I tend to keep a few projects on the bench at any one time. This way, if it’s raining and I can’t paint, or if I need to wait for a paint coat or decals or whatnot to cure, I can move along to something else in the interim.
With the ruination of the Academy P-38F, I’ve found myself with an unexpected opening, and I’ve decided to fill it with my first 1/32 kit, Eduard’s Messerschmitt Bf-109E-7 Trop.
Well, maybe not my first 1/32 kit – I have recollections of tackling a 1/32 F-117 stealth fighter as a kid – but certainly my first in this second modeling life.
About the Bf-109E-7 Trop
The Bf-109 was the mainstay of the German Luftwaffe, serving from the outbreak of the war until its end in 1945. And, somewhat ironically, it found a second life of sorts as Israel’s front line fighter during that country’s earliest years.
The 109 is more-or-less synonymous with the Luftwaffe, much the way the Spitfire is with the RAF or the Zero with the Japanese Navy. And, thanks to its staggering number of variants and tendency toward very interesting camoflage schemes, is probably the most-kitted aircraft out there.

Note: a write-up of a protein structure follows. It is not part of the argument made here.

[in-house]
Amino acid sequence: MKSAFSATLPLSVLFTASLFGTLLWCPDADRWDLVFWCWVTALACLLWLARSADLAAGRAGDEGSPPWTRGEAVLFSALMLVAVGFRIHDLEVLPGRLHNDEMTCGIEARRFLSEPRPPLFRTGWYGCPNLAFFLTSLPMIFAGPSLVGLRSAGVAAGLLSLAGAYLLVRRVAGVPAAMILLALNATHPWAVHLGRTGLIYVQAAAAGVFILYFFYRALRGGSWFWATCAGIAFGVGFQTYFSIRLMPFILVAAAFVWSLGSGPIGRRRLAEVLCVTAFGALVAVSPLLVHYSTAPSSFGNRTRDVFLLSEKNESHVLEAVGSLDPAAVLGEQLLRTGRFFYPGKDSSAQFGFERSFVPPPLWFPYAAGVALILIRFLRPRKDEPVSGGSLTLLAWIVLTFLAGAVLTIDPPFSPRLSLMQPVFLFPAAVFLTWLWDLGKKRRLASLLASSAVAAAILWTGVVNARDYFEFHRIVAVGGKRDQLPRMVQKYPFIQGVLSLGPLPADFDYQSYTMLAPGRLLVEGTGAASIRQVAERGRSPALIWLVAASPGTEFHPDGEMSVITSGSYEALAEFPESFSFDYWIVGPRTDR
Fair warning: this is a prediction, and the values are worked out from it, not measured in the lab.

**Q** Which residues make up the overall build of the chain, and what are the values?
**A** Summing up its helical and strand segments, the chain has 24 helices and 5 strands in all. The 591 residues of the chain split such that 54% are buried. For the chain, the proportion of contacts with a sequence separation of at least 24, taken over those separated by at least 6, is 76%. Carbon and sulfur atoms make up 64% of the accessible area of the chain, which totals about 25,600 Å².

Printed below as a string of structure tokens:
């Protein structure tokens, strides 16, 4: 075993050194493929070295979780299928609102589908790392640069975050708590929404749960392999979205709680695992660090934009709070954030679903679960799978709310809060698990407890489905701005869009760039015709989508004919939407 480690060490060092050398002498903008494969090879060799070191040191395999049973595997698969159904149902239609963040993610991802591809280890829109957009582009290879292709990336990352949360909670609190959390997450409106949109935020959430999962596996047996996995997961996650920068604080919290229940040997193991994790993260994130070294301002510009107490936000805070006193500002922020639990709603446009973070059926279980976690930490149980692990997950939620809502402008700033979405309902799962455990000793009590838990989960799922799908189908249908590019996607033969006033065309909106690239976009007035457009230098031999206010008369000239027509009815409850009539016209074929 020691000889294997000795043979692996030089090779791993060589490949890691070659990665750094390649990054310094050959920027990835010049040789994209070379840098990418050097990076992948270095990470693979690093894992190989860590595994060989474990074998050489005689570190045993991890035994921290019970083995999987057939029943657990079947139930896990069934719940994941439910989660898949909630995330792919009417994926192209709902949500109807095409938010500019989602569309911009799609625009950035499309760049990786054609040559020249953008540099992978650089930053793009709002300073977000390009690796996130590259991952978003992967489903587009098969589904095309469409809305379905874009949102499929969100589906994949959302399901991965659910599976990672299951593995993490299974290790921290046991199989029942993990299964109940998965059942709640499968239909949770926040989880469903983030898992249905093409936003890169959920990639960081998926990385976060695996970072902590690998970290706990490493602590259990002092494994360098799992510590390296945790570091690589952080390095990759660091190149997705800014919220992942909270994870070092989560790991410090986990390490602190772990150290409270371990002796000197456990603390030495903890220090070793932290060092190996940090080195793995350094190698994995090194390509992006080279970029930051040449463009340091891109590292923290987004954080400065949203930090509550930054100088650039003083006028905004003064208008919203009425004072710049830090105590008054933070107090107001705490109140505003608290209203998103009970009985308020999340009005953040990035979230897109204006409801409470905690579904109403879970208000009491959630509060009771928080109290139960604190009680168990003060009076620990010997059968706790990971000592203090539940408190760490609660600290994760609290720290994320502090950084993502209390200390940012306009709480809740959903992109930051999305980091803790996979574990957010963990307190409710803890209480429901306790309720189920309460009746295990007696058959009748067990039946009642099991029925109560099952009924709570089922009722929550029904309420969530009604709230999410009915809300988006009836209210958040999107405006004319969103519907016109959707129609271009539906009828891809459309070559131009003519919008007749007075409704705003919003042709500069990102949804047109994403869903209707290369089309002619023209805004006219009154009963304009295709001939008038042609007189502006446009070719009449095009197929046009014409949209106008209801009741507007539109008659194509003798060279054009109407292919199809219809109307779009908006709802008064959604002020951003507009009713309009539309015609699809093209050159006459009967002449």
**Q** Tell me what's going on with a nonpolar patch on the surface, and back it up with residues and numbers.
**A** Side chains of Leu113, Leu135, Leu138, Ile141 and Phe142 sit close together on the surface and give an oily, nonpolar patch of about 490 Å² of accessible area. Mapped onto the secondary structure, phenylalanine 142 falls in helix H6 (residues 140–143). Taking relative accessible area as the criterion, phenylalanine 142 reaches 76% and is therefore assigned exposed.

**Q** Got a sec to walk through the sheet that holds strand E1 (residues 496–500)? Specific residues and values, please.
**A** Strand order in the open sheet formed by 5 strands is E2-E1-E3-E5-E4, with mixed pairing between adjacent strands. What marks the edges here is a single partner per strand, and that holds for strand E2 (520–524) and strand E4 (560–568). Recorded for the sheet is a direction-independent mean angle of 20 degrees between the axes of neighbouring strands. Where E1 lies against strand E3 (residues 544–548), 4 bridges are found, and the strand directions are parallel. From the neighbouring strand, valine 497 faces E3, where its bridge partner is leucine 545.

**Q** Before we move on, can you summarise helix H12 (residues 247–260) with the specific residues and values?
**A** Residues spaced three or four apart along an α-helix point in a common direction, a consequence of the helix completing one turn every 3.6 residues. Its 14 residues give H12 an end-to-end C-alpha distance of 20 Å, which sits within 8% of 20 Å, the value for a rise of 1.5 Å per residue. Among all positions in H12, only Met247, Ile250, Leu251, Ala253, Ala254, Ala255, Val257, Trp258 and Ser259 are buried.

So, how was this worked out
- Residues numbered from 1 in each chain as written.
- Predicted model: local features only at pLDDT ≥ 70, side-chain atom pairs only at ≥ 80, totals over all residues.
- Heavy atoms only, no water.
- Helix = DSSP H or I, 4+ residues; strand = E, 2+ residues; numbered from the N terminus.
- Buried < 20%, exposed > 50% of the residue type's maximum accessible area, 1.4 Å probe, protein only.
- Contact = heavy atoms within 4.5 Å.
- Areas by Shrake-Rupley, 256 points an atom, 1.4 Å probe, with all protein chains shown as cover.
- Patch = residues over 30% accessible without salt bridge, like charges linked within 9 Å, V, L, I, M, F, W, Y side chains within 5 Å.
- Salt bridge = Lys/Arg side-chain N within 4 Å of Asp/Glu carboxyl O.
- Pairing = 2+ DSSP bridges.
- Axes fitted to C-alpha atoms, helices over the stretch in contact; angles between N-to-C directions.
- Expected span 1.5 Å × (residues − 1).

The E-7 was an evolution of the Bf-109s that fought in the Battle of Britain. That epic conflict revealed a nasty flaw in the 109 – it’s lack of range. The E-7 added the ability to carry a range-extending drop tank. ‘Trop’ is short for “tropical”, which basically means that this particular E-7 was fitted with a dust filter for service in North Africa.
The kit is one of Eduard’s Profi-Packs, which means it comes with photo-etch parts, canopy and wheel masks, and a host of marking options in the box. There’s really no reason to go reaching for aftermarket parts, though I decided to add a set of Master’s brass gun barrels to the mix since they’re a definite improvement on the kit parts.
At first glance, the detail is superb. The panel lines are crisp yet subtle. The photo-etch instrument panel is a sight to behold. There’s some flash on the plastic, particularly along the fuselage, but it’s minor and should be easily dealt with.
I’ve already spent a bit of time with the kit, building up small portions of the cockpit before priming them, and so far, so good. Everything fits, though there were a few instances where I’d have preferred a more positive fit, so maybe Eduard hasn’t come as far as I’d hoped from their Yak-3.
I’ll report back as I get this sucker built up…but so far, it looks like it’s going to be a lot of fun!